Engineers Probe WTC Collapse Urge Fire Standards Review, Emergency Elevators

NIST concluded the towers probably would have remained standing fireproofing material wasn't stripped away.


NEW YORK (AP) -- A federal engineering agency that investigated the World Trade Center collapse recommended Thursday that cities raise the fire standards for skyscrapers and develop new materials that can better protect tall buildings in an inferno.

Engineers with the National Institute of Standards and Technology said, for example, that stairwells should be situated apart from each other so that if one is damaged another might still work. They also urged installation of ''fire-protected and structurally hardened elevators'' designed to function in a blaze.

''Such elevators should be installed for exclusive use by emergency responders during emergencies,'' NIST said in its draft recommendations on the twin tower collapse.

NIST does not have the authority to alter building codes, but hopes to persuade local authorities to make the changes.

''We believe that the recommendations are realistic and achievable,'' said Shyam Sunder, the lead NIST investigator. He said the costs would vary, but he did not take issue with reports suggesting that for most new buildings, construction expenses would rise only 2 percent to 5 percent.

The NIST's three-year investigation gathered reams of data on such things as fire tests on steel and office workers' evacuation behavior to determine exactly how the 110-story towers fell after two hijacked jetliners slammed into them on Sept. 11, 2001. A total of 2,749 people were killed.

The analysis does not blame the collapse on the steel or design of the towers. NIST engineers concluded the towers probably would have remained standing if the impact of the airplanes had not stripped away fireproofing material on steel columns.

Without that fireproofing, fires continued to burn inside offices, weakening the building's skeleton until it collapsed under its own weight.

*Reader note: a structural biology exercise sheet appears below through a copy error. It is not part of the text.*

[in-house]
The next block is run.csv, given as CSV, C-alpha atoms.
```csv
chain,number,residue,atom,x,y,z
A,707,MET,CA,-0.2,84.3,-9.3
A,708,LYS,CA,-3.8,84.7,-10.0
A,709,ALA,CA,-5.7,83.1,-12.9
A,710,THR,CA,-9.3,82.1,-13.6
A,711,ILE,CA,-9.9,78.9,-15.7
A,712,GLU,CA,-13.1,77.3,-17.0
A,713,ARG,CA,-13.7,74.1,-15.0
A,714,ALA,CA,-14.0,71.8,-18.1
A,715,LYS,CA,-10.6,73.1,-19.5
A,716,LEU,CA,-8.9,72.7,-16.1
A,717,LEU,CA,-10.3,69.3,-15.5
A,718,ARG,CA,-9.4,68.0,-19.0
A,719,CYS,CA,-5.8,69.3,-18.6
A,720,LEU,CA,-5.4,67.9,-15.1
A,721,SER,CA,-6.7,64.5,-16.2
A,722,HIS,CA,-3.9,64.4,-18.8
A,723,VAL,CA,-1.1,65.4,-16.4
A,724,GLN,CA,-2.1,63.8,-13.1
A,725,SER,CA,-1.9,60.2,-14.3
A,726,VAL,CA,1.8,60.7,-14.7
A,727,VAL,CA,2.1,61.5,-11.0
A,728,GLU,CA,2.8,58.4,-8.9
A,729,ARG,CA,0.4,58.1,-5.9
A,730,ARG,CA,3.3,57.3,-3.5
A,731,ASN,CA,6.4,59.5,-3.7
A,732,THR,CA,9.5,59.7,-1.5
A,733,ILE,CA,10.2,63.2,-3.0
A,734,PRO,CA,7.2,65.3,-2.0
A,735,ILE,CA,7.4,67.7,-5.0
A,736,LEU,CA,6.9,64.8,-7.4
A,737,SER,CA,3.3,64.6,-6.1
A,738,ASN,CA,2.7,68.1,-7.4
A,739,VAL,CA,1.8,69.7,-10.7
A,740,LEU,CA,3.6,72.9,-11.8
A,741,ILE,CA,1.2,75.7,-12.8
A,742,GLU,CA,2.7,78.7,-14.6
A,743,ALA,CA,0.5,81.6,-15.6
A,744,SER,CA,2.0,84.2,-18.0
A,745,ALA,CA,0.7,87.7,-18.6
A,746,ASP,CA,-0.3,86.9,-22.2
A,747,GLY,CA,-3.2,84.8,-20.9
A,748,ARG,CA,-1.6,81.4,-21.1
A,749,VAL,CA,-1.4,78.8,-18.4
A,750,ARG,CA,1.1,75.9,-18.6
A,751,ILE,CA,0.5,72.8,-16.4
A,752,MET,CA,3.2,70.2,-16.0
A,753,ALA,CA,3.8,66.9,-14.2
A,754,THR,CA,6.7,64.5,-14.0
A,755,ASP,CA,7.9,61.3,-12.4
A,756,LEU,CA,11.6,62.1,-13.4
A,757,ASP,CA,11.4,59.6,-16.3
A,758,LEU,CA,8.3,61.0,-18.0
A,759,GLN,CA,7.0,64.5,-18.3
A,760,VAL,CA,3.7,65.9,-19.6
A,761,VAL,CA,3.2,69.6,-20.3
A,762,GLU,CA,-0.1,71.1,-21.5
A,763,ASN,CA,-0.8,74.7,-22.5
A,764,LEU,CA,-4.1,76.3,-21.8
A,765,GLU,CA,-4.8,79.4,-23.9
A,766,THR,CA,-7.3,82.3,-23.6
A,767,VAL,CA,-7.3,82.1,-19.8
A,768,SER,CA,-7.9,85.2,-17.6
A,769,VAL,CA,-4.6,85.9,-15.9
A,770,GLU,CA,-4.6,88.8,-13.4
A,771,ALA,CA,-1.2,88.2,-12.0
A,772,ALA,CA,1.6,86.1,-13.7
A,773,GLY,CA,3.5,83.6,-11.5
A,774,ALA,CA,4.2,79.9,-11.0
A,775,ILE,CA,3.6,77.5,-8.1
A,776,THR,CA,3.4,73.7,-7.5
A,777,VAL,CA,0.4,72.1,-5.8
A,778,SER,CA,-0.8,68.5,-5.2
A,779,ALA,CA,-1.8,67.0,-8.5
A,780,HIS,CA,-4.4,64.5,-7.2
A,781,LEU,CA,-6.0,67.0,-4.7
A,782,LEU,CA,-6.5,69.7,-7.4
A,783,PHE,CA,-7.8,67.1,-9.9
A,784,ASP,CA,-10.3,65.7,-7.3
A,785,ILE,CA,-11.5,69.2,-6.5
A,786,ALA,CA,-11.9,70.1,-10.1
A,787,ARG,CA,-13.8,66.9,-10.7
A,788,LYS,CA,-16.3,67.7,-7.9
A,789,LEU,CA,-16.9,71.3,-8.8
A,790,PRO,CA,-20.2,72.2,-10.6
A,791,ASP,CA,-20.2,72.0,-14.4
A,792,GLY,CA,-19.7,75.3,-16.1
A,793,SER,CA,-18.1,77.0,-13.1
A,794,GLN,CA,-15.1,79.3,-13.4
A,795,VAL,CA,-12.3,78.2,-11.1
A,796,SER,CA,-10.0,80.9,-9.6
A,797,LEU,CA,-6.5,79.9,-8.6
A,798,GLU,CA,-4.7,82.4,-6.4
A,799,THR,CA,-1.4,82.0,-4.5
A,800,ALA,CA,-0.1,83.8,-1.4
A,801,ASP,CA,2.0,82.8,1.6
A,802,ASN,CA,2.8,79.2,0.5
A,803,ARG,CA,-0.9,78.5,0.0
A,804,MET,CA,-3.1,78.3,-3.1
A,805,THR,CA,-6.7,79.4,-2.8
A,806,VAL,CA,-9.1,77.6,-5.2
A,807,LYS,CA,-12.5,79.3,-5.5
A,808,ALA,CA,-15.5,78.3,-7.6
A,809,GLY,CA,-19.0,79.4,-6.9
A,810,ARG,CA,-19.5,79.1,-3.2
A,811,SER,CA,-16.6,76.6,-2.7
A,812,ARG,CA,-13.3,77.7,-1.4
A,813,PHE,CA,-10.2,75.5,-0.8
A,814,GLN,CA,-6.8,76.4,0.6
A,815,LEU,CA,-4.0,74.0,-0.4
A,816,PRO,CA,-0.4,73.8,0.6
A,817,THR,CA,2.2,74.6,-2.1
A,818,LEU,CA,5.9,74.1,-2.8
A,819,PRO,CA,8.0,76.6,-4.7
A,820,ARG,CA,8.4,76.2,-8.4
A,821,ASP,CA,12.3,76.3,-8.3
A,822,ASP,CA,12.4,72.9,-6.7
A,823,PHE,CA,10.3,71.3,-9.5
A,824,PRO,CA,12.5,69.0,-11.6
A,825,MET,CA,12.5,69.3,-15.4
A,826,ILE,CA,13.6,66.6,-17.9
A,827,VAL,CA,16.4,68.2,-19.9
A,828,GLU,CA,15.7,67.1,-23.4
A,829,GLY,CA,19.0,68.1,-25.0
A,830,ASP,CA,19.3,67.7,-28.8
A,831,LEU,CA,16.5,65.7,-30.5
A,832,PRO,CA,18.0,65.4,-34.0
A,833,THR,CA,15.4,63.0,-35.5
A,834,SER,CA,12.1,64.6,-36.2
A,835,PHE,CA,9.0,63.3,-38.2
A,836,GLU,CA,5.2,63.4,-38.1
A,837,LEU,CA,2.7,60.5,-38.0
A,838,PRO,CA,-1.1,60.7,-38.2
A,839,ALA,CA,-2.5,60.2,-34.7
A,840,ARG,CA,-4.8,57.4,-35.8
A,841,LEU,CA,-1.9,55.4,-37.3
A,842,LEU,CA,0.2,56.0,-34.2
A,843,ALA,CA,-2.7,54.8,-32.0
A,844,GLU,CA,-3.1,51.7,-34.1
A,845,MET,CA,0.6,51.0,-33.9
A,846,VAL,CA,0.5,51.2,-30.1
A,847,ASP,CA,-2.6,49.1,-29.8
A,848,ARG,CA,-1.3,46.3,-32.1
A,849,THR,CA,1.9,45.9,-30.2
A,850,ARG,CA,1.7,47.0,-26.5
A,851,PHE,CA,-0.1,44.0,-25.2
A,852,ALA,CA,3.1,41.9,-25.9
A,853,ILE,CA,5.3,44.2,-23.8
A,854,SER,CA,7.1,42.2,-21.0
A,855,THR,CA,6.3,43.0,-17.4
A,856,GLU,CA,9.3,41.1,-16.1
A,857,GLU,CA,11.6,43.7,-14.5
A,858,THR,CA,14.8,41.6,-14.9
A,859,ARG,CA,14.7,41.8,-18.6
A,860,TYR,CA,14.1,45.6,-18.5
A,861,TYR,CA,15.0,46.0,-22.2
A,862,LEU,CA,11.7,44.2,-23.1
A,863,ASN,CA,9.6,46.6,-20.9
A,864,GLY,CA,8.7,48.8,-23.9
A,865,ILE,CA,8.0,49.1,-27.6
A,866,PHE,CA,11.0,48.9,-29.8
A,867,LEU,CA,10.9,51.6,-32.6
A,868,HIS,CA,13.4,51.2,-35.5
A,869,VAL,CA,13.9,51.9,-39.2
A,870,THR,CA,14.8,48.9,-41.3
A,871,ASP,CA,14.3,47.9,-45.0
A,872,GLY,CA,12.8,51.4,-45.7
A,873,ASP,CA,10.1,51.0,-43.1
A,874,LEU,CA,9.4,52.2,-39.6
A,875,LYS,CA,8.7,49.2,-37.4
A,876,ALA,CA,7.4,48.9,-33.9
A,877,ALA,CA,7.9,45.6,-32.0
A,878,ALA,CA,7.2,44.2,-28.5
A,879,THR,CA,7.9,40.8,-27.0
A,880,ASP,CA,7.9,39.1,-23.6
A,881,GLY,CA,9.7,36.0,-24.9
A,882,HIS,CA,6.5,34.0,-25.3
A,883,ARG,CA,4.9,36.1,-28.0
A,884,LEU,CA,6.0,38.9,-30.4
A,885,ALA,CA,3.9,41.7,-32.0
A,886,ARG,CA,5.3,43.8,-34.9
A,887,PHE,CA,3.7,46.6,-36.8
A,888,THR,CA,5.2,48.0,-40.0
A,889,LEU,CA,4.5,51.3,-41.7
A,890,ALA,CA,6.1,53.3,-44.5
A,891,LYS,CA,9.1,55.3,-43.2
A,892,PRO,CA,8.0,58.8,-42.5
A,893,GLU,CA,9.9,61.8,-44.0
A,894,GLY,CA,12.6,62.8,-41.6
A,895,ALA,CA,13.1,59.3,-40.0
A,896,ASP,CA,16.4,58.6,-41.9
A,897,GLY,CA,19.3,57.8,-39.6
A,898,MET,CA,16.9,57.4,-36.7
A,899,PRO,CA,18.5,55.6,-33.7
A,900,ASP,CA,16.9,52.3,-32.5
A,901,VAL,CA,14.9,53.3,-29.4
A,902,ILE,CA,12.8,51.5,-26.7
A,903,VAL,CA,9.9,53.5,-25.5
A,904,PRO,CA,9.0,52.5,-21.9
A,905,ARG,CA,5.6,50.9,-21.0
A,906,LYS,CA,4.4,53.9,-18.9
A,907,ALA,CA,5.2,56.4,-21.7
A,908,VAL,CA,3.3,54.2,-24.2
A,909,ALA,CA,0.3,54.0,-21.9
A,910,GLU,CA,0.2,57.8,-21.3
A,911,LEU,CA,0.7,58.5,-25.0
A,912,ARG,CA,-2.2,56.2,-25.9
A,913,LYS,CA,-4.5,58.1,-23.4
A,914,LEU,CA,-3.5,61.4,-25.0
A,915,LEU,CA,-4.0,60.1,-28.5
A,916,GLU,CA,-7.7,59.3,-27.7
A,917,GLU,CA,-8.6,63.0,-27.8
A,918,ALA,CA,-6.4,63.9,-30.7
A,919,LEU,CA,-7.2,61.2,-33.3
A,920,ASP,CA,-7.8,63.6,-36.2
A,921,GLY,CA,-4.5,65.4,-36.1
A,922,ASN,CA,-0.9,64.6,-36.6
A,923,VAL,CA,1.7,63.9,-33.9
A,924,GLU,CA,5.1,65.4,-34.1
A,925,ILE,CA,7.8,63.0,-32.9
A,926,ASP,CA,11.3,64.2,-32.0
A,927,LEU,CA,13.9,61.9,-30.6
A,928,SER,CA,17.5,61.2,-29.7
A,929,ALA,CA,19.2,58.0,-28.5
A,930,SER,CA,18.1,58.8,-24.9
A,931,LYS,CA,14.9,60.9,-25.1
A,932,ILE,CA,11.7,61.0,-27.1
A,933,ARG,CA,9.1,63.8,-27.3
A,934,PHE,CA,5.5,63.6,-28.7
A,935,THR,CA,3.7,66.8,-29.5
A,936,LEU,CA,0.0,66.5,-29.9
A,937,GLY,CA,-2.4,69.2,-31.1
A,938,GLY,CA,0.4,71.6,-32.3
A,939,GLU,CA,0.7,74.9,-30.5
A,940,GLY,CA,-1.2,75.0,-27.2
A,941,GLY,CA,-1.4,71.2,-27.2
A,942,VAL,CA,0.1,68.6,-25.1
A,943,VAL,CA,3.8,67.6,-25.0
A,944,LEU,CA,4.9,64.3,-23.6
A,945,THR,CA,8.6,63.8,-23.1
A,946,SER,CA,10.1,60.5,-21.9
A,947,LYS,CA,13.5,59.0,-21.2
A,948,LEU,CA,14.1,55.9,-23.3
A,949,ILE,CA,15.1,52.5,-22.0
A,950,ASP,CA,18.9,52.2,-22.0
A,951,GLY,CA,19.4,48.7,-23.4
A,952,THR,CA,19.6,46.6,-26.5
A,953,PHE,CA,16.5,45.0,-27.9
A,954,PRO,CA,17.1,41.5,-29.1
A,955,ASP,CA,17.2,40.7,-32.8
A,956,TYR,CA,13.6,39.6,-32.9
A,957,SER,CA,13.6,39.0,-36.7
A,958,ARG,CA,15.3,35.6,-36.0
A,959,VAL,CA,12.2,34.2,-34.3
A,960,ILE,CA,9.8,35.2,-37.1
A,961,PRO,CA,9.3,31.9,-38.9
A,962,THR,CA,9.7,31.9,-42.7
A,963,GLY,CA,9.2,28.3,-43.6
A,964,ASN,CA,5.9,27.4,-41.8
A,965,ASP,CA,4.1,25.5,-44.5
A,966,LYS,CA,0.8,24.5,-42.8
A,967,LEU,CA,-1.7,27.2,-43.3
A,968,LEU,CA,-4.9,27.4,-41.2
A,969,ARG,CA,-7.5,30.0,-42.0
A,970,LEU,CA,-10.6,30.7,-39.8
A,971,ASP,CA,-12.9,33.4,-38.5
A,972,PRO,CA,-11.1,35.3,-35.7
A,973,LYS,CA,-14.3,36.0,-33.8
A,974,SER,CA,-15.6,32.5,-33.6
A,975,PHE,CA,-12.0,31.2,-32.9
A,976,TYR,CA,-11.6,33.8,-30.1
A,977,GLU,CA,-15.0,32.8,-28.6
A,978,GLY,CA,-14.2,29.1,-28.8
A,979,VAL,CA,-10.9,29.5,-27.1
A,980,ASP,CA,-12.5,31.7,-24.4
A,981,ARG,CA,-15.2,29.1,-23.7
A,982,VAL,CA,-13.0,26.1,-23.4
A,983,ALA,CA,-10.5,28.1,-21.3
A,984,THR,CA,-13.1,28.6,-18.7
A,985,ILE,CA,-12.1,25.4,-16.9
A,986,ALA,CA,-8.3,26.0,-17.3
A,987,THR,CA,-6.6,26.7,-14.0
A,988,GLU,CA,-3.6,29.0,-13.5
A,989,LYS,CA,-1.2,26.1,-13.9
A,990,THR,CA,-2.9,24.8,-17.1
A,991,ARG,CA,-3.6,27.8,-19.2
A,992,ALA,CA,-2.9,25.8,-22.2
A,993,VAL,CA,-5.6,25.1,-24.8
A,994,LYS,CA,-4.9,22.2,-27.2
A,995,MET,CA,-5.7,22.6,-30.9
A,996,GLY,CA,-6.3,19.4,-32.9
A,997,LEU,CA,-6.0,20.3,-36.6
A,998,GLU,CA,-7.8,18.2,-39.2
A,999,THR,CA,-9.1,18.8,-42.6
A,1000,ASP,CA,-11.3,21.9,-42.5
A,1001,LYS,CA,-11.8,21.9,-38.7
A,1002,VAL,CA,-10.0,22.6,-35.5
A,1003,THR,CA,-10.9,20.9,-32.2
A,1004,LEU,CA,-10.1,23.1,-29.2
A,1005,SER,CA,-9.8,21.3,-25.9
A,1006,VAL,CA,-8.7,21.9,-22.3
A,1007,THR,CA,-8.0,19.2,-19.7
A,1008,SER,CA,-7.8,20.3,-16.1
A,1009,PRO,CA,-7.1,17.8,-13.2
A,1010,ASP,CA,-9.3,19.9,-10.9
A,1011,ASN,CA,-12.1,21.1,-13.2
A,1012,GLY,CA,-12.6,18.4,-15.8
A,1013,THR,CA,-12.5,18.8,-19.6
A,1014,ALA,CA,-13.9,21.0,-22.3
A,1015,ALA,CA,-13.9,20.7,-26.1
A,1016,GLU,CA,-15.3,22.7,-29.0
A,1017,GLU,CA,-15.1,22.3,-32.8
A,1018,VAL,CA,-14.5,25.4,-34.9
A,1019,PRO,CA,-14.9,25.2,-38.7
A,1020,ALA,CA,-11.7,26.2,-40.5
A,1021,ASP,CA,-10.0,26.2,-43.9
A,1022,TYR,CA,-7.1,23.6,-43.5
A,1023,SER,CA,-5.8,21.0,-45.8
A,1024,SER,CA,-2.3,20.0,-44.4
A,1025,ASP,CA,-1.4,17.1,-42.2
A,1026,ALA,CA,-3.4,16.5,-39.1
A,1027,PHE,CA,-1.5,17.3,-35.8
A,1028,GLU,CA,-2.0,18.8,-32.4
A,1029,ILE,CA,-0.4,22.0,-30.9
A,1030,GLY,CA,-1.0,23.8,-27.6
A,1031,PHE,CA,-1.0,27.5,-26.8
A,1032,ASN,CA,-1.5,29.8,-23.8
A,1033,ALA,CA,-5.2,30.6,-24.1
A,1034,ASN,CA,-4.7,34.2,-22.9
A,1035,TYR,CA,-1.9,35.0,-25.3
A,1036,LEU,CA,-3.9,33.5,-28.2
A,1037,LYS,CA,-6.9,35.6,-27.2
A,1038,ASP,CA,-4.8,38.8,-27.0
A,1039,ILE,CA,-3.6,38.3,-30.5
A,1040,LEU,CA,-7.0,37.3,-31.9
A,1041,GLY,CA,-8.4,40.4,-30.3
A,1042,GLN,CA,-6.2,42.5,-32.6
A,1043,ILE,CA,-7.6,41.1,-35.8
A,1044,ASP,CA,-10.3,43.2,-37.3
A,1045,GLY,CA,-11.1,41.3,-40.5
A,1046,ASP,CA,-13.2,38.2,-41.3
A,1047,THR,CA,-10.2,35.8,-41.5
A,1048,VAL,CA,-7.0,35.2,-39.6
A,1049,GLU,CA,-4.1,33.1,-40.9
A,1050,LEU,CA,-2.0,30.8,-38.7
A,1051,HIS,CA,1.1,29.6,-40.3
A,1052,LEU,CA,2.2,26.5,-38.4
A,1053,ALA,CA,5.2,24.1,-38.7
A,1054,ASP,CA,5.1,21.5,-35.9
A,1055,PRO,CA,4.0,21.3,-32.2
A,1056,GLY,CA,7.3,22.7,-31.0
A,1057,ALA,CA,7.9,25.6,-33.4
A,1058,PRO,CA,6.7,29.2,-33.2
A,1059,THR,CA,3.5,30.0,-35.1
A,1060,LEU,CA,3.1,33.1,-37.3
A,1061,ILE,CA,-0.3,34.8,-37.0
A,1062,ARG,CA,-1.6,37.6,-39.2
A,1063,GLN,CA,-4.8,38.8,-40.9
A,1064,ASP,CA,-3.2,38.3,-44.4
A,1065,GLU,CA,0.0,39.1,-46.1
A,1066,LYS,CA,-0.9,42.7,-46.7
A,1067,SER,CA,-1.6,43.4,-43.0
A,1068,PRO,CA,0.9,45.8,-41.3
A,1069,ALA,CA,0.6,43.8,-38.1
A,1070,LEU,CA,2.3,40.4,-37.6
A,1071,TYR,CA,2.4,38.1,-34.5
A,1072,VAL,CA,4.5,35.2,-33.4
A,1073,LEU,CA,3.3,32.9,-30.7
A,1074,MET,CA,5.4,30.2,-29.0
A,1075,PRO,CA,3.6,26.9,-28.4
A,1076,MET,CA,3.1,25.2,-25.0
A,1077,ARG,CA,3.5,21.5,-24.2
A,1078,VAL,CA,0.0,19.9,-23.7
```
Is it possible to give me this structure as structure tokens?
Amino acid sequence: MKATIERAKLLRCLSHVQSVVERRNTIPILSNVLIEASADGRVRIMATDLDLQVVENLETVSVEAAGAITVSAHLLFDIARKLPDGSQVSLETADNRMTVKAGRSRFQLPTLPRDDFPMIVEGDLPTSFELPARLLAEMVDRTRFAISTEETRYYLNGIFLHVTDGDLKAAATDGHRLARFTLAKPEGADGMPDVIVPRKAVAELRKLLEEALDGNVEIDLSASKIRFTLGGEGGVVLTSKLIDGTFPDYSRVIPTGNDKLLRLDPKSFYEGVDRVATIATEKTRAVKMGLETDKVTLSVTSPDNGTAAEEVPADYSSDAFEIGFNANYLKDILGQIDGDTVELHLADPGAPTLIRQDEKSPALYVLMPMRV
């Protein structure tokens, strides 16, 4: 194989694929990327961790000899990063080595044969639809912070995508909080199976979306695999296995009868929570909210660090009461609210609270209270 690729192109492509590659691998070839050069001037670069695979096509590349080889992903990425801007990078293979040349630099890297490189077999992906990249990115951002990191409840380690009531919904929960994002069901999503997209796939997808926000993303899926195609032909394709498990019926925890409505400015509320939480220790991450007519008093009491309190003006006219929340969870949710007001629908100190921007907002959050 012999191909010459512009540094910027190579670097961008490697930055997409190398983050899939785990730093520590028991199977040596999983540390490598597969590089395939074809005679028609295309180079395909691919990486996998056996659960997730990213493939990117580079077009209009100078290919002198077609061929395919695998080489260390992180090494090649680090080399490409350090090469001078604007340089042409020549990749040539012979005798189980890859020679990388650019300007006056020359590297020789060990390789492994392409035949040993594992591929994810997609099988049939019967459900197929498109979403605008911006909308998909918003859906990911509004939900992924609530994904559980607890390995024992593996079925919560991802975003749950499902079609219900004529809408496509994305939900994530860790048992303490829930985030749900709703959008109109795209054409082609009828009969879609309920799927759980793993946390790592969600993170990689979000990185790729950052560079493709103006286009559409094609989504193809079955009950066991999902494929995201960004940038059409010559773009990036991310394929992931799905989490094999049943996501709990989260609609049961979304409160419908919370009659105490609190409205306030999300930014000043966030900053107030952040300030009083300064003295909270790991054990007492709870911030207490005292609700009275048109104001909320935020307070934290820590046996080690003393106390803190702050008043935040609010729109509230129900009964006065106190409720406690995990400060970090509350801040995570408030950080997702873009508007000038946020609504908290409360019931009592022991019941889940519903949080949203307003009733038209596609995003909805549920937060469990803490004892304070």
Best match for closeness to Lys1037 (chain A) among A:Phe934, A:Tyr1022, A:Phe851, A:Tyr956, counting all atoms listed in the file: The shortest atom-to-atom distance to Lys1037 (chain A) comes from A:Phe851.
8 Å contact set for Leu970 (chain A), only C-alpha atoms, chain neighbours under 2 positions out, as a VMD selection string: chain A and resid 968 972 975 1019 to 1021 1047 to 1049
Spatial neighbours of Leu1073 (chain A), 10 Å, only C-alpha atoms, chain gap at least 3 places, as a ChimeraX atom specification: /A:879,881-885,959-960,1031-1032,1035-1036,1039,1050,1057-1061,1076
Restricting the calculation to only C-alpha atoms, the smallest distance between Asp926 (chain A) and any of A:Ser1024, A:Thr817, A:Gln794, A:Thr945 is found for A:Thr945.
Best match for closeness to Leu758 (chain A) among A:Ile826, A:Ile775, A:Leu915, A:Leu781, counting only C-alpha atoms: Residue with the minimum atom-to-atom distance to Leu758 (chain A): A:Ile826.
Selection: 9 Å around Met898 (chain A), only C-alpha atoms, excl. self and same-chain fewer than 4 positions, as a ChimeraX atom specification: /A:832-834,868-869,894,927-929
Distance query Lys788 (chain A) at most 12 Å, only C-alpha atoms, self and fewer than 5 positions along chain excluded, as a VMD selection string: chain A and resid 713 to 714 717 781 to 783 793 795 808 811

The NIST report calls for the development of more durable fire-resistant materials and technologies.

The investigation considered a number of what-if scenarios, some hopeful, some terrifying.

NIST determined that if the twin towers had been struck later in the day at full occupancy, some 14,000 people could have died. On the other hand, if the buildings' elevators had been better protected, more people would have escaped.

The agency's report also examined emergency response efforts after the attack. It concluded that some of the victims might have been saved with stronger evacuation systems and better communication among rescuers.

Emergency workers need to change how they coordinate rescue efforts, the investigators concluded. The report recommended that much of the intelligence-gathering and decision-making be overseen from outside the building. It also suggested keeping a ''black box,'' like the ones in airplanes, to record critical information for study after a major incident.

On Sept. 11, the fire department located its command centers in the buildings' lobbies, and many personnel died when the towers collapsed.